“What are you planning to study in college?”
Some people assume that if you are applying to college you should have a major in mind. I don’t think that a high school senior should definitively decide his or her major before entering college, but the high school years are a great time to begin exploring and narrowing down majors and fields of interest. High school students are constantly asked this question—”What’s your major?”—as they pick courses, fill out college applications and finally choose courses at college orientation. So, why not start exploring now?
Take some time to reflect on your interests and strengths and how those play into who you are and what you enjoy. Work with your college counselor at Galin or your high school counselor to do some career exploration. You can also use online resources to see how your skills and interests relate to careers.
Once you have a few careers that sound interesting, take some time to research them and gain experience. You can research careers online. One place I find helpful is the College Board website, which allows you to find careers based on intended majors and vice versa. Then, try to find real people, like family or friends, that have careers in this area. Ask them to spend an afternoon doing a job shadow, or possibly gain some work or volunteer experience. Not only does this add to your application, but it also gives you some valuable insight as you begin your career journey.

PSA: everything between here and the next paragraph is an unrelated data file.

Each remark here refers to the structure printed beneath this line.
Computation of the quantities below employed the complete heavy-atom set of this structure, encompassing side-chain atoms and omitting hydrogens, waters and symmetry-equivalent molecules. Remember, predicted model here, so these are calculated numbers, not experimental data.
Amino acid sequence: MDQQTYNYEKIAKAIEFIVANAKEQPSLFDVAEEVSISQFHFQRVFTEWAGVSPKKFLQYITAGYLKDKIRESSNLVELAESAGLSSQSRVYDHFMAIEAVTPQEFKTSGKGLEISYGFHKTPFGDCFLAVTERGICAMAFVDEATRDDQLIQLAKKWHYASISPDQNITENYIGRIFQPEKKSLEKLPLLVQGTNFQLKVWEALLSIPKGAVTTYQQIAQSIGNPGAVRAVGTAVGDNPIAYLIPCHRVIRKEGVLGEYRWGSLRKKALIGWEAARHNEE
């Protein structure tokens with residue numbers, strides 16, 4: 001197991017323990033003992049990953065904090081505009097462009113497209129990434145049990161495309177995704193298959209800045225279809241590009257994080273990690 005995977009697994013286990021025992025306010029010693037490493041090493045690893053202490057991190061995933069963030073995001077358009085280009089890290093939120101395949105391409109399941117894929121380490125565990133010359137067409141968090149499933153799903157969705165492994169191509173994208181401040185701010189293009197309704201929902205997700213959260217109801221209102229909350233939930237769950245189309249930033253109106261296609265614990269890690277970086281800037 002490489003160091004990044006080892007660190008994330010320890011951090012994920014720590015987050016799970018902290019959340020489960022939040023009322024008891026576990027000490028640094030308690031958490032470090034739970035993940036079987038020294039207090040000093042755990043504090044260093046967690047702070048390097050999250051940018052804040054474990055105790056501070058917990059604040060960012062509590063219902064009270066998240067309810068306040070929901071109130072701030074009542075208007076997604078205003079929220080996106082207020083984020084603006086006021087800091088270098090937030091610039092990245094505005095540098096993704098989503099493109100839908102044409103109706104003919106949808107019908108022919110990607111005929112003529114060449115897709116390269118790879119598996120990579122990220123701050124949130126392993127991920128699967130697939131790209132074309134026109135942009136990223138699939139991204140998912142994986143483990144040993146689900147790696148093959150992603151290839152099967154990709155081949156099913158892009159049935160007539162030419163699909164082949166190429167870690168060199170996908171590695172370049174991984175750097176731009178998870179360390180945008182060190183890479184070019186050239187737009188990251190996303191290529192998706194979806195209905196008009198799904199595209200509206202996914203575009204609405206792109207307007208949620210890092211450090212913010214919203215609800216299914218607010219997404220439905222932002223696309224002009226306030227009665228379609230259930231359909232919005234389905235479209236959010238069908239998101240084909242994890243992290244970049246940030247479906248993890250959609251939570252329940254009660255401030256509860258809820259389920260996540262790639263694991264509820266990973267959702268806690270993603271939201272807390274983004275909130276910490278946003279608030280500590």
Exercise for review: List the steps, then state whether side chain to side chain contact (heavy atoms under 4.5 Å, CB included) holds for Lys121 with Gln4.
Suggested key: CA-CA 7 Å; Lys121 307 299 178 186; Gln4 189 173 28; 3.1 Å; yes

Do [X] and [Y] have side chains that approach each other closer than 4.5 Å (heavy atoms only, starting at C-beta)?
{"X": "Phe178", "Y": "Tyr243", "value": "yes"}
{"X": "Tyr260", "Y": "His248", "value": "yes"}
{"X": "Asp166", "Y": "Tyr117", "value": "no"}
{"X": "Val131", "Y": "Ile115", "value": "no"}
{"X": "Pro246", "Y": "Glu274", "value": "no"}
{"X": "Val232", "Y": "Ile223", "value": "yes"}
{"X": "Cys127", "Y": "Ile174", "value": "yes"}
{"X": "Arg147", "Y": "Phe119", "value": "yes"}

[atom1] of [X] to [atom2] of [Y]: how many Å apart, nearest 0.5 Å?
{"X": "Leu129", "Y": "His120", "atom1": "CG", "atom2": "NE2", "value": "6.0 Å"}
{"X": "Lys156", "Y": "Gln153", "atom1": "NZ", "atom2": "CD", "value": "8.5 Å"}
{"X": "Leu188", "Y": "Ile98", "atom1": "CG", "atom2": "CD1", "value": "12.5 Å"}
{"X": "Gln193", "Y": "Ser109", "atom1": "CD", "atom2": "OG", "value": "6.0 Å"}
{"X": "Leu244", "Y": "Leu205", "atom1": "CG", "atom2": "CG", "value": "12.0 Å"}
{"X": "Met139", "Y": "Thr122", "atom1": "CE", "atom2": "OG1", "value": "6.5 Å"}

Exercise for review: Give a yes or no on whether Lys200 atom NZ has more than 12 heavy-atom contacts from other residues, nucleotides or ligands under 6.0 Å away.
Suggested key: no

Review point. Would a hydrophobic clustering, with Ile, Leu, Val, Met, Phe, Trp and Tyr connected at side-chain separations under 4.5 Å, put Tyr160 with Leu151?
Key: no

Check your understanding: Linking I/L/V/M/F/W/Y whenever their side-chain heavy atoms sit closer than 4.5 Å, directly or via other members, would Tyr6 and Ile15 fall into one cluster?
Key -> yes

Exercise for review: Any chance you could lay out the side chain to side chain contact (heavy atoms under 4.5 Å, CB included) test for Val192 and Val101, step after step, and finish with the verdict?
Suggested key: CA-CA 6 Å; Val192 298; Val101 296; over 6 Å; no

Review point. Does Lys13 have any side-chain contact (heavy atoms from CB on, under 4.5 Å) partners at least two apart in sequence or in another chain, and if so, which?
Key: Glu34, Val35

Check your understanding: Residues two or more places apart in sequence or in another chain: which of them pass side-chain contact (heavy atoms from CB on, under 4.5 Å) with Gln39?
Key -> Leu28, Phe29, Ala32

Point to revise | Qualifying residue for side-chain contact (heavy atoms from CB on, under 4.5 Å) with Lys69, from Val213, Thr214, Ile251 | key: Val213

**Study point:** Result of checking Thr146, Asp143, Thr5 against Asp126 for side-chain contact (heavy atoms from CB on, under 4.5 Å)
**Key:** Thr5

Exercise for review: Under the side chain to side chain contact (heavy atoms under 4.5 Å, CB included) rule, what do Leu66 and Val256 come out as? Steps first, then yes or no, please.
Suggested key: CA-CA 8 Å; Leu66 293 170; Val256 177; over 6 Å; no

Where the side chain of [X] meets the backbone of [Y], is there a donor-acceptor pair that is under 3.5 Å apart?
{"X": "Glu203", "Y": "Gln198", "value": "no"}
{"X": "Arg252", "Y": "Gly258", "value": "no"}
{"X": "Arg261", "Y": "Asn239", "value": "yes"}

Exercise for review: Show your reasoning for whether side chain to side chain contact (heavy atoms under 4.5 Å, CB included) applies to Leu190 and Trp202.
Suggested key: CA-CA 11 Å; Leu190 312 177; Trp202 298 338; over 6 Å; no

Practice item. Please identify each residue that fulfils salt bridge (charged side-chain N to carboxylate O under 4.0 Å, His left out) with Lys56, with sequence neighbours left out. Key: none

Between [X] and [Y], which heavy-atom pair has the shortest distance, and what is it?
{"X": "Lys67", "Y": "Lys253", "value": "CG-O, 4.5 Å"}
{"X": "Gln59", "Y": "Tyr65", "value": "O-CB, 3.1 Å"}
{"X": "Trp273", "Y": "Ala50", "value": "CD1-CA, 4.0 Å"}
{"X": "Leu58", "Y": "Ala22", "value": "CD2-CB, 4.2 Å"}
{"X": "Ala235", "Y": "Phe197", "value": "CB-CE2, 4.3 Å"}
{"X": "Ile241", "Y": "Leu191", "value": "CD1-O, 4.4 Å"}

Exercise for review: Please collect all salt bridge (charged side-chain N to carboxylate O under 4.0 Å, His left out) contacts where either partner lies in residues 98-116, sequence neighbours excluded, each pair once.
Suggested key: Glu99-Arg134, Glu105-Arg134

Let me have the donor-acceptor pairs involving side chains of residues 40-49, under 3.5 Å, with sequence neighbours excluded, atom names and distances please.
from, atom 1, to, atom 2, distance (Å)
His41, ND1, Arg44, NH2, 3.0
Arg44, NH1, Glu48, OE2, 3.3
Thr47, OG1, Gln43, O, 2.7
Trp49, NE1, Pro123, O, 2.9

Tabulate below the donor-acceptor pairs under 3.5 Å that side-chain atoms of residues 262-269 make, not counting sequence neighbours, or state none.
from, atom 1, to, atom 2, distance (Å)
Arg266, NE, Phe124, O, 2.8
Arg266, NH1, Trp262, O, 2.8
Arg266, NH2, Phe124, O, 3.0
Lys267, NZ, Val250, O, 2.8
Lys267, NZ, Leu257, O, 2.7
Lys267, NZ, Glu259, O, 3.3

You will find that many research universities, like the University of Minnesota, admit by major, so having some insight and experience into your interest area only strengthens your application. Additionally, many schools ask additional essay questions that will require you to elaborate on your major of interest. Students find it easier to talk about their interest area when they have experience to draw on.
So, whether you are going to be a freshman or a senior, start to explore your interests and gain experience and insight into a field! Investing the time now will pay off in applications, throughout college and beyond.